Another notable trend in CBVR and CBIR research is the use of either binarization loss or learning by continuation [7]; that is, gradually sharpening sigmoids to force embeddings close to . This draws inspiration from the iterative quantization (ITQ) approach, which solves an alternating optimization problem of improving the embedding based on other metrics, then updating a rotation matrix to minimize binarization loss [20]

. Unlike ITQ, more recent papers now allow gradients caused by binarization loss and learning by continuation to backpropagate through their network.

We find that backpropagating binarization loss or using learning by continuation causes learning to plateau, with the model only learning from a shrinking gray area of data points in between disconnected regions of data points near the corners of the hypercube . Moreover, the values in these regions do not binarize with the function any differently than less extreme values. The main blocker preventing researchers from abandoning these methods is that Euclidean distance becomes a bad approximation for Hamming distance otherwise.

3 Method

3.1 Interpretation of Embedding

We propose an alternative to binarization loss and learning by continuation that respects the geometry of the embedding without punishing intermediate values. We instead let our model produce embeddings following an approximately Gaussian distribution.

3.1.1 Distribution of Embedding


be the vector of hash node outputs for an input frame

, and let be the distribution of video frames to consider. We motivate our loss function with the following assumptions:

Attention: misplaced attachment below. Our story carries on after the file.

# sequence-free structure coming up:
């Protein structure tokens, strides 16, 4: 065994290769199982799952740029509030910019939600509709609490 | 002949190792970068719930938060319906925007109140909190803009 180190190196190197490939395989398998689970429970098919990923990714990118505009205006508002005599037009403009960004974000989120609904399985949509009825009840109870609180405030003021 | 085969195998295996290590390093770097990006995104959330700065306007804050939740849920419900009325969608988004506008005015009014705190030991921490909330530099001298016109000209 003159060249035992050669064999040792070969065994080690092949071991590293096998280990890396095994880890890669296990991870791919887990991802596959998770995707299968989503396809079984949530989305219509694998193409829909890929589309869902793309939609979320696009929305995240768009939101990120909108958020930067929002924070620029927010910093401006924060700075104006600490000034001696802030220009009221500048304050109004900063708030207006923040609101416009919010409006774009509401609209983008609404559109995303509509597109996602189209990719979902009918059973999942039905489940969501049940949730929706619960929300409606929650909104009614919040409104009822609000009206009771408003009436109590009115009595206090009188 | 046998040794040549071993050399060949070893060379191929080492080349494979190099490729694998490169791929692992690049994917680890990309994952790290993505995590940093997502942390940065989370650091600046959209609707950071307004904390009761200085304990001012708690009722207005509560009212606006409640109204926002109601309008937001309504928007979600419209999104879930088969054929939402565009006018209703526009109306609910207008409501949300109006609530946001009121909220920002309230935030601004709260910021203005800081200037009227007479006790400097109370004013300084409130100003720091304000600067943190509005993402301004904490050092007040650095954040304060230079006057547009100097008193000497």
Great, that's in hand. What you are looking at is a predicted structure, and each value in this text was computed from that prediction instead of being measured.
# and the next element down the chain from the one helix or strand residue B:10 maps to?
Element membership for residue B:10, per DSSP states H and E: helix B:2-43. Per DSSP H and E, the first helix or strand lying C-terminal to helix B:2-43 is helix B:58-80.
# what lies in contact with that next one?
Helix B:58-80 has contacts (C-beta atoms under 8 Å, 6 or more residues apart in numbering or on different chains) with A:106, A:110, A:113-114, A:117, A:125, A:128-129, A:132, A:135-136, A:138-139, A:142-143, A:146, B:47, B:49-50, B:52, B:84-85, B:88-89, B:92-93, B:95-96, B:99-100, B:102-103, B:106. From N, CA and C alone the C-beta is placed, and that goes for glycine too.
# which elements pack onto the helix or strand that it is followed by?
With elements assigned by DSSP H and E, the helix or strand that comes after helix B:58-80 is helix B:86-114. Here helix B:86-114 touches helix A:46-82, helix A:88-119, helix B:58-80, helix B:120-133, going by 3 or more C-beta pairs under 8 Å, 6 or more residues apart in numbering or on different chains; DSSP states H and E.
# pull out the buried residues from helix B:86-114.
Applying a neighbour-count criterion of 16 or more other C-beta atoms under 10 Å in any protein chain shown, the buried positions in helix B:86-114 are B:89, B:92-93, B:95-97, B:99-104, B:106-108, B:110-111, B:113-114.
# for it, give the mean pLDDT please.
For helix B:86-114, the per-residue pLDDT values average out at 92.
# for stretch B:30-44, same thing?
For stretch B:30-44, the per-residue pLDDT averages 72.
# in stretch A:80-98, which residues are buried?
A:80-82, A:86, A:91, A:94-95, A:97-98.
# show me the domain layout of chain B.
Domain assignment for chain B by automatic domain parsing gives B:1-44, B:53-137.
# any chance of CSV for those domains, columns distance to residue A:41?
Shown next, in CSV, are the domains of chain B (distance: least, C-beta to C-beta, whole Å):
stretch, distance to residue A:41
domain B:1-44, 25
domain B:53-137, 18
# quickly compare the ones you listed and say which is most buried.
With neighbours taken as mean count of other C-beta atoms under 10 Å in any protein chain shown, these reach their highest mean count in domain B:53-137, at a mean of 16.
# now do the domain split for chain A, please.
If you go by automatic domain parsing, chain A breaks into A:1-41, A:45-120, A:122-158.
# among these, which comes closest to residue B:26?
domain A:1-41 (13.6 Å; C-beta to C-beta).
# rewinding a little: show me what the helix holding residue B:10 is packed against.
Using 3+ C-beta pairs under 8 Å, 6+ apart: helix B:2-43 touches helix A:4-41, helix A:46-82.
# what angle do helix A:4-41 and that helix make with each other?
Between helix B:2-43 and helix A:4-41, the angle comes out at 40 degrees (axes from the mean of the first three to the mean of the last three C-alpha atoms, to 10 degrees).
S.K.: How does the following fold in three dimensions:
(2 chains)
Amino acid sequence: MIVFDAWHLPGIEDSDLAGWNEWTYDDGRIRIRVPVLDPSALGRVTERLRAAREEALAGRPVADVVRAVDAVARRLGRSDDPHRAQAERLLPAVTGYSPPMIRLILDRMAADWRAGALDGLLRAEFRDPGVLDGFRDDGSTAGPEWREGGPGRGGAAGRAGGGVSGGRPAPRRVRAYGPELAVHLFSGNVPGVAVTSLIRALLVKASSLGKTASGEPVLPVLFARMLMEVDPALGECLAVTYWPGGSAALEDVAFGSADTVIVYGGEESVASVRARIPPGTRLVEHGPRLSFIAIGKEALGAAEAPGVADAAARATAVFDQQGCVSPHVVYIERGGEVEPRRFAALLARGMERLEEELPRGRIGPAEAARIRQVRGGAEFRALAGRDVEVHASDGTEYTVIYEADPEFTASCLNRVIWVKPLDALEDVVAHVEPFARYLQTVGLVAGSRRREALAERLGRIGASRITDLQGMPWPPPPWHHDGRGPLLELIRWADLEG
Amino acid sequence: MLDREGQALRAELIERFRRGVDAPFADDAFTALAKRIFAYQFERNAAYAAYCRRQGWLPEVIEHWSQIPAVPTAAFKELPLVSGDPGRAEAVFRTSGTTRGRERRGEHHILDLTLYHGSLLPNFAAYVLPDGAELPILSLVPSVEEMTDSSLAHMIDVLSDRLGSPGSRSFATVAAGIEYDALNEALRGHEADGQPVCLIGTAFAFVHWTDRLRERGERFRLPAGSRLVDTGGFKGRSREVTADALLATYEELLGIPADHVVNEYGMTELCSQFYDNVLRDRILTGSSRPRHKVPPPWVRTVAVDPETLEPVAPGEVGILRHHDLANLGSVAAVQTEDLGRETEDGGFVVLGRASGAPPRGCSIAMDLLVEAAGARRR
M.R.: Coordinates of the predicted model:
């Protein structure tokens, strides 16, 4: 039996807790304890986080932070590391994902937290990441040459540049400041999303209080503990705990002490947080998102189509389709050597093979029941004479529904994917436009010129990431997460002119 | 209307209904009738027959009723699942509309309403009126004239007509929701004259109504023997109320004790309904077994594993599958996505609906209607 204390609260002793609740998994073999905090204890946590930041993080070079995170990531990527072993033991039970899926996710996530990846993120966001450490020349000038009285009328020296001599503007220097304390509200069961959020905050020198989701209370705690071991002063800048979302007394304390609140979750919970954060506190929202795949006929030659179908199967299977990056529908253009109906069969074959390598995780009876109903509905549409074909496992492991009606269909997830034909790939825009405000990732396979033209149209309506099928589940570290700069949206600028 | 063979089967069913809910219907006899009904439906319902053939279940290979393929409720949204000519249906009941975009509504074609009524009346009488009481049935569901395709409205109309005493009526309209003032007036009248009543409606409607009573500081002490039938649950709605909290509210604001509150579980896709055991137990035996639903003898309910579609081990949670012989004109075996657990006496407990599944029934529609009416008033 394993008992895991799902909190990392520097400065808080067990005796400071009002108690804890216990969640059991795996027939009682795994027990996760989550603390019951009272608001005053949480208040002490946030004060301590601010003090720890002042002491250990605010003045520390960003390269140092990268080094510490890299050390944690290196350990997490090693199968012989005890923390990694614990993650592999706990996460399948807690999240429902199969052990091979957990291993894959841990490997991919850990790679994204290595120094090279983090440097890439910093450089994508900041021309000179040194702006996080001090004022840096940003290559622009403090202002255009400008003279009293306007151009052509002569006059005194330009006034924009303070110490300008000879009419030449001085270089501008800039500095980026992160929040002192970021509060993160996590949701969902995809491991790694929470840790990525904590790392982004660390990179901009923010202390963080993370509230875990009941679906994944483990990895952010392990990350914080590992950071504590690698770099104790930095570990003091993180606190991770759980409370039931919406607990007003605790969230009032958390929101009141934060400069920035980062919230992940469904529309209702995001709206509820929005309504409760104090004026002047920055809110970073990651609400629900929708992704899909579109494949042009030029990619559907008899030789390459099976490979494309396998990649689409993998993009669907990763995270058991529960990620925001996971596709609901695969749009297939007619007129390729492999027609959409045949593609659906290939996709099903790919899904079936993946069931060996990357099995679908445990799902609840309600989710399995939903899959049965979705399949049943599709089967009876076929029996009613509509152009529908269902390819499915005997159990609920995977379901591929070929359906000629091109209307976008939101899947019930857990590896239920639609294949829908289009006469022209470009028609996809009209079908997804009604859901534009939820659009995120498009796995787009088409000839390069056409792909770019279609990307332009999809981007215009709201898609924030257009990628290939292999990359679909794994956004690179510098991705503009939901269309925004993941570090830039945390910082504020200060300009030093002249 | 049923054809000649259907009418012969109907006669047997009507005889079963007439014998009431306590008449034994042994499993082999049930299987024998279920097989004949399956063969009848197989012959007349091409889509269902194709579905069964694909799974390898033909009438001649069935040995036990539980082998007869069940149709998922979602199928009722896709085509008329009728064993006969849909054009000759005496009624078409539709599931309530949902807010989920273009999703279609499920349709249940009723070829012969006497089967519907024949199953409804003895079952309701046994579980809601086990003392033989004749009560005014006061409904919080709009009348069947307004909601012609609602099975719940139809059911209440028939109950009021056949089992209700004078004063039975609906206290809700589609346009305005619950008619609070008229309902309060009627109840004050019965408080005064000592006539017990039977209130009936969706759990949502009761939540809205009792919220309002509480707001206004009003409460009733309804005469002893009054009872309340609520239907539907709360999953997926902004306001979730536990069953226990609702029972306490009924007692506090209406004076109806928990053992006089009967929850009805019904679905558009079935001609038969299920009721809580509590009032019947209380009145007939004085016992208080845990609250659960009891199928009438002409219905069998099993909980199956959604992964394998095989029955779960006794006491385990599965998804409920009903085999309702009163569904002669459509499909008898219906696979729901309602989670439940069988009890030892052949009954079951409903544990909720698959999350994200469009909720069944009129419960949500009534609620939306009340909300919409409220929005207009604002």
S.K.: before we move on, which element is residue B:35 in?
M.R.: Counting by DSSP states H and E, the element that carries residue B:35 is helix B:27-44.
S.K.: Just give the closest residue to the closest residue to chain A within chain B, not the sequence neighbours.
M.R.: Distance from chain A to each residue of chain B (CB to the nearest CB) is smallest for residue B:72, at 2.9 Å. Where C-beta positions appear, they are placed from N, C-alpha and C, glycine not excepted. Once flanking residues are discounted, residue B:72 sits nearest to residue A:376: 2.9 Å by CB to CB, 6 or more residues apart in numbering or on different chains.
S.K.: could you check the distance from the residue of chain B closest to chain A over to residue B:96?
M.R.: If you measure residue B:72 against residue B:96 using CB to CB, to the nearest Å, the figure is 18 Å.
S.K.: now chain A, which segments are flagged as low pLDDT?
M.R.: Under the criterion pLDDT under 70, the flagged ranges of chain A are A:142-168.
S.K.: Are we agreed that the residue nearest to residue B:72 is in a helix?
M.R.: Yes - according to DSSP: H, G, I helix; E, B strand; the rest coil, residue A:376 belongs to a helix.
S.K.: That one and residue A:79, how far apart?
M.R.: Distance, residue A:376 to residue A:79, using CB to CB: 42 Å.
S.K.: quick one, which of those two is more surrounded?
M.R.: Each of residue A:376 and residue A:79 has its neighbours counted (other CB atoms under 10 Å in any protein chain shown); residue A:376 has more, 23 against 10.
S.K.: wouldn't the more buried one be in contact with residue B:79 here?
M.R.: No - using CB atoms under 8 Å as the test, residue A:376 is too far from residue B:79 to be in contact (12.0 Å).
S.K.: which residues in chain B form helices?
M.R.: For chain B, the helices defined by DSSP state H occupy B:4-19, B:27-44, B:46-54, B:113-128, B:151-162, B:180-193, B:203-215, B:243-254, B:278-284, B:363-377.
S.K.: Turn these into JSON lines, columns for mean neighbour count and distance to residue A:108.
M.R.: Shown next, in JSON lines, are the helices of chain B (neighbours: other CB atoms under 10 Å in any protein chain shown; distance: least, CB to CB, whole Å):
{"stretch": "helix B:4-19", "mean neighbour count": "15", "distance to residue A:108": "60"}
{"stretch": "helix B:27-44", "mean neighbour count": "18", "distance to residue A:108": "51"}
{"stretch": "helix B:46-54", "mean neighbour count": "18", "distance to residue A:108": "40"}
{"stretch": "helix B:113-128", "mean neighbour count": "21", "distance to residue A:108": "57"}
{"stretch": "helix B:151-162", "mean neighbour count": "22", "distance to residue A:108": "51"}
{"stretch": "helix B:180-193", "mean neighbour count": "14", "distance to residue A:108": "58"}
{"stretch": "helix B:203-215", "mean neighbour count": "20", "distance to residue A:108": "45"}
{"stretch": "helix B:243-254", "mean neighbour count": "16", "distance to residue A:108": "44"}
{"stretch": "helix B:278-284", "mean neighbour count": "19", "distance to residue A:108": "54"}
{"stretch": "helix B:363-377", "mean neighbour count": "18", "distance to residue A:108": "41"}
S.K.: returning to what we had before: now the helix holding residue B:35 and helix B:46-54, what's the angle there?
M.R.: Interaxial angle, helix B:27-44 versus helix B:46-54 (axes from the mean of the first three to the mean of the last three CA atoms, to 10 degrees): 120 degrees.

• If is a random video frame variable, then

    (enforced by batch normalization of

    and a loss term on skew).

  • is independent of other .

Let be the -normalized output vector. Since is a vector of independent random normal variables,

is a random variable distributed uniformly on the hypersphere.

This -normalization is the same as SphereNorm [21] and very similar to Riemannian Batch Normalization [22]. Liu et al. posed the question of why this technique works better in conjunction with batch norm than either approach alone, and our work bridges that gap. An

-normalized vector of IID random normal variables forms a uniform distribution on a hypersphere, whereas most other distributions would not. An uneven distribution would limit the regions on the hypersphere where learning can happen and leave room for internal covariate shift toward different, unknown regions of the hypersphere.

3.1.2 Estimate of Distribution of Hamming Distance

To avoid the assumption that Euclidean distance translates to Hamming distance, we further study the distribution of Hamming distance given these -normalized vectors. We derive the exact probability that two bits match, given two uniformly random points on the hypersphere, conditioned on the angle between them.

We know that , so the arc length of the path on the unit hypersphere between them is . A half loop around the unit hypersphere would cross each of the

axis hyperplanes (i.e.

) once, so a randomly positioned arc of length crosses axis hyperplanes on average. Each axis hyperplane crossed corresponds to a bit flipped, so the probability that a random bit differs between these vectors is

Given this exact probability, we estimate the distribution of Hamming distance by making the approximation that each bit position between the two vectors differs independently from the others with probability

. Therefore, the probability of Hamming distance being within is approximately where

is the binomial cumulative distribution function. This approximation proves to be very close for large

(Figure 3.1.2).

Figure 2: An arc of length on the unit hypersphere starting from a random point in a random direction has probability for the sign of a particular component to change along its course. In the 3D example above, crossing the great circle implies that the sign of one component differs between and .

Prior hashing research has made inroads with a similar observation, but applied it in the limited context of choosing vectors to project an embedding onto for binarization [23]. We apply this idea directly in network training.

Figure 3: The distribution of Hamming distance for two uniformly random vectors on the -hypersphere, conditioned on being separated by an angle . From left to right, . Each empirical distribution was calculated from the results of trials.

3.2 Classes of Time Differences